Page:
Brian Kelly is the director of the Cybersecurity Program at the higher education IT association Educause. In an interview with WPR, he said the Orion software developed by SolarWinds is used by more than 18,000 customers who might have been impacted by the security breach.

Kelly said the Orion software is used by institutions to monitor the infrastructure that controls computer networks. He said, in theory, any data moving through networks using the software could be accessible to the hackers.

But Kelly said new findings over the past few weeks indicated the target of the SolarWinds hack was an internet security company called FireEye that contracts with government agencies.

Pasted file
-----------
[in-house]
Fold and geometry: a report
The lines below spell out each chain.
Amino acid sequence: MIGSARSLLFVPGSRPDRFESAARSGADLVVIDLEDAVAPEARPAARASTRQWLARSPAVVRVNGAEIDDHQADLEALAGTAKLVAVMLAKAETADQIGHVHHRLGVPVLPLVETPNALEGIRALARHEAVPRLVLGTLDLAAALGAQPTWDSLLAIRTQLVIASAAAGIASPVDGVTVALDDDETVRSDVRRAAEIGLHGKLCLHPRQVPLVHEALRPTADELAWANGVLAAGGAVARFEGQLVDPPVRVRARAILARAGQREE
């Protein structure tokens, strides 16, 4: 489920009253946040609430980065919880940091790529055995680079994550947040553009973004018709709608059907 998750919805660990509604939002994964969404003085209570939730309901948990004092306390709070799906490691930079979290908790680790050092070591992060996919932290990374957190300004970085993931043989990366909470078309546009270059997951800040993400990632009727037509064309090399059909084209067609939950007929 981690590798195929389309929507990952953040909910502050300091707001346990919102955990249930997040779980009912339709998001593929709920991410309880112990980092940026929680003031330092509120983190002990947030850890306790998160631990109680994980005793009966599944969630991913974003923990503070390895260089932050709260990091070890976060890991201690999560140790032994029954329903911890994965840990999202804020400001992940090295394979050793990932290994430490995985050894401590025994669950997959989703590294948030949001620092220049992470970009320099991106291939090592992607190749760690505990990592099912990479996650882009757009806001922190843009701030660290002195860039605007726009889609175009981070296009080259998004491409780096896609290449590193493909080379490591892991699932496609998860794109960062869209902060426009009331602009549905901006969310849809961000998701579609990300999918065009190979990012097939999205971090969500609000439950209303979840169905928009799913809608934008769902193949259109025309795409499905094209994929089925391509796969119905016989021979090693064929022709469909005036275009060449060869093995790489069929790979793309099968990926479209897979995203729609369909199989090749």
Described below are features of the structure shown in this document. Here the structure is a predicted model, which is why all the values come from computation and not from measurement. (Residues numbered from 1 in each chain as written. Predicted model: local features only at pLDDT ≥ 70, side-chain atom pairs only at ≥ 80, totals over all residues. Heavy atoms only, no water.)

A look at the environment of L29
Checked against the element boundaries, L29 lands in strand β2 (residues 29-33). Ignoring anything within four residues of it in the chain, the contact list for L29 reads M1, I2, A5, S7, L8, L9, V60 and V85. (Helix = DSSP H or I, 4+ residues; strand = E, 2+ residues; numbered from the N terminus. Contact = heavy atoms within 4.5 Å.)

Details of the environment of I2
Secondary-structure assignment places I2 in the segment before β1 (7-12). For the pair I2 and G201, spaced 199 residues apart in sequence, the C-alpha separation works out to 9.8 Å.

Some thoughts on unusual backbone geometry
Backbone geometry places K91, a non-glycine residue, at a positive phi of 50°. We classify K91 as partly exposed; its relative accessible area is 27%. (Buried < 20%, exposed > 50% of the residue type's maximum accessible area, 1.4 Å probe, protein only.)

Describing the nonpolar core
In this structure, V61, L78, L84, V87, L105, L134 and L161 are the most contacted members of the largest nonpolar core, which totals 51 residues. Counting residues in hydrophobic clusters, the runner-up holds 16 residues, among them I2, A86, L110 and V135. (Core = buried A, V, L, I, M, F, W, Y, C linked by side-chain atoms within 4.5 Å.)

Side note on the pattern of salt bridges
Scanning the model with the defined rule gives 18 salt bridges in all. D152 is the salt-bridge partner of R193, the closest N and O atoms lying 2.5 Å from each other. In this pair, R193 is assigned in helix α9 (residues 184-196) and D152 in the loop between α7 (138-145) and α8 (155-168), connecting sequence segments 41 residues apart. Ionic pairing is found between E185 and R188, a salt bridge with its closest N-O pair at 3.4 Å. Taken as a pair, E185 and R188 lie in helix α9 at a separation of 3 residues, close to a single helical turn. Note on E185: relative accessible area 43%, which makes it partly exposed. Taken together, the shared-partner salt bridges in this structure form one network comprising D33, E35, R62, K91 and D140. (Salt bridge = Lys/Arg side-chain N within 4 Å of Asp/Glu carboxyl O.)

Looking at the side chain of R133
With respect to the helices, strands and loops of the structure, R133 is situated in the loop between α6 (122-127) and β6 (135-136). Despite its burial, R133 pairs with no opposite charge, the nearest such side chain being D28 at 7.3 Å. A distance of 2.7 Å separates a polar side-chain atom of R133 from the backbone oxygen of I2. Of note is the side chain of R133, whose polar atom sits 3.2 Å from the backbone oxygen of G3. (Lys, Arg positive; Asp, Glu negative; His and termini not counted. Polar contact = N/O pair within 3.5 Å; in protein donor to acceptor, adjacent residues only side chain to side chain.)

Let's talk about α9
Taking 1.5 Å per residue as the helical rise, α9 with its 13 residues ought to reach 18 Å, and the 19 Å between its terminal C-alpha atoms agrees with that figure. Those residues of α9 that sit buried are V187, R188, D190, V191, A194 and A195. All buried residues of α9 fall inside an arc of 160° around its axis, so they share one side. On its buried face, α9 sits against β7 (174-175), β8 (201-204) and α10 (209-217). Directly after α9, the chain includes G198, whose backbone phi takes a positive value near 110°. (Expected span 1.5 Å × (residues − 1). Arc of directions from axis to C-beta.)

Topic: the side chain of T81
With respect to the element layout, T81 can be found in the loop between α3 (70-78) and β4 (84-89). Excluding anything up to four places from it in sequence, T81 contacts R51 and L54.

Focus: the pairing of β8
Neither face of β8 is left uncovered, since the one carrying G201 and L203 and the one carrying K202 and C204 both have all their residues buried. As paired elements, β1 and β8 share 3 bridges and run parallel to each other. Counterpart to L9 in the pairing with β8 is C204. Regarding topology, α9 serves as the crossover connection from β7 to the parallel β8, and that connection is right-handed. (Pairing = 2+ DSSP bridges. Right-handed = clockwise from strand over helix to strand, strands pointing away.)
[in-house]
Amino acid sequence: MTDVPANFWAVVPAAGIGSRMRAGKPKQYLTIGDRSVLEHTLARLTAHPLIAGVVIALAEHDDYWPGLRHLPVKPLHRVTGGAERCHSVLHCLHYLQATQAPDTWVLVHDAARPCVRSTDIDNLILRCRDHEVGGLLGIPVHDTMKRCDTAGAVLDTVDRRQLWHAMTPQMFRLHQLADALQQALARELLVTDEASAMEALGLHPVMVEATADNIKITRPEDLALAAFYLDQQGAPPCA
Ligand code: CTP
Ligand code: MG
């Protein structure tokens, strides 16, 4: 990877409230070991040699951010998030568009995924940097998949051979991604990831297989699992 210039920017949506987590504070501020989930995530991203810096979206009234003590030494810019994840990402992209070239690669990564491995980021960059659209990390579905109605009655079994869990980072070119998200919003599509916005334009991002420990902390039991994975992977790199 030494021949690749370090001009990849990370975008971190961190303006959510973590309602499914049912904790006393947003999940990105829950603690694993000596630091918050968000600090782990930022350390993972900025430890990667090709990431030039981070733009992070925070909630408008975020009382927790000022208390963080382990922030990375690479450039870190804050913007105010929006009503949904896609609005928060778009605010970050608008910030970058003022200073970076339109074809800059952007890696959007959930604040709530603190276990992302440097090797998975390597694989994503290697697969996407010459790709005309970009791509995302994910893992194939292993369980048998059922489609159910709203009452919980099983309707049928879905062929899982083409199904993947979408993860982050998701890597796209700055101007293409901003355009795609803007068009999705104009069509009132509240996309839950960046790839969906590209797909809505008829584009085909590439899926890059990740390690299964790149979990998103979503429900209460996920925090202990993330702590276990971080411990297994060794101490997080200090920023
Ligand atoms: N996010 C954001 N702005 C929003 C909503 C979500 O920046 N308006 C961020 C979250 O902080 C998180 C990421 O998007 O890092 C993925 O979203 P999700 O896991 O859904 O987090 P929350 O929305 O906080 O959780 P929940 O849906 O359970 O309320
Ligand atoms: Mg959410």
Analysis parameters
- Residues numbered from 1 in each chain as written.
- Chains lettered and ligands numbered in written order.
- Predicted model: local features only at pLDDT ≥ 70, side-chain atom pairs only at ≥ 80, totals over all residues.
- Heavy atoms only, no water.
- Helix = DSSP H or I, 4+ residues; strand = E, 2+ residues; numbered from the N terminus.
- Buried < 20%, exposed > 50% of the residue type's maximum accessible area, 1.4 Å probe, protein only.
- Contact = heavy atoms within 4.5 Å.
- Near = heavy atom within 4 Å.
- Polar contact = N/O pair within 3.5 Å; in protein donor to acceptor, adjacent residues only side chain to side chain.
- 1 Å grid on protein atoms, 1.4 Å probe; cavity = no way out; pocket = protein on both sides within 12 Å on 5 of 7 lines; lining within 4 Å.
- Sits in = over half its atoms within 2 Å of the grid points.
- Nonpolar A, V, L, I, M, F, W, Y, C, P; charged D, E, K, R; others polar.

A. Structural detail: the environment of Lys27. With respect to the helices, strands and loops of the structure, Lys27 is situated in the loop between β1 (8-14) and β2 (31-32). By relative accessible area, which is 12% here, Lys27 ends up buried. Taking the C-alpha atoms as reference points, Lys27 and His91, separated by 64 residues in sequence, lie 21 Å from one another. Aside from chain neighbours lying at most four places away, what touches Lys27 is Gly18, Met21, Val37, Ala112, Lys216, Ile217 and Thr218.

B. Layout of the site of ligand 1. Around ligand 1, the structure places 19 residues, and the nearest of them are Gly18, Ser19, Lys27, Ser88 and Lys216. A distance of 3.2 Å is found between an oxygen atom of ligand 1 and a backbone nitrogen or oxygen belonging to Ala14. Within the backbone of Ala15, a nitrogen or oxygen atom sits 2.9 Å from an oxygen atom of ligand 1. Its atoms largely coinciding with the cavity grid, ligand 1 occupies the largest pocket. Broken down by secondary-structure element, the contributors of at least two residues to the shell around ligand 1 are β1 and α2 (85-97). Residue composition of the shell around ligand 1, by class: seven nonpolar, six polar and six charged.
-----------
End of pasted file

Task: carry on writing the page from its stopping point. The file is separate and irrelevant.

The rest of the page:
“Certainly, there was a compromise of SolarWind software,” said Kelly. “Anyone using that could have been impacted. But it doesn’t mean that data was stolen or student data was accessed or the email of faculty was read or compromised … so it’s not sort of a one size fits all.”

For universities, businesses or government agencies working to find out whether any data was stolen as a result of the SolarWinds breach, Kelly likened the process to “finding a needle in a pile of needles.” But he said cybersecurity experts are working with SolarWinds and its users to help identify online “signatures” that could indicate if data was stolen and where it might have gone.

Kelly said while colleges, businesses and government agencies field cyberattacks every day, the scale of the SolarWinds hack is leading to a broad discussion about ensuring that institutions are vigilant when working with third-party companies providing support for vital networks.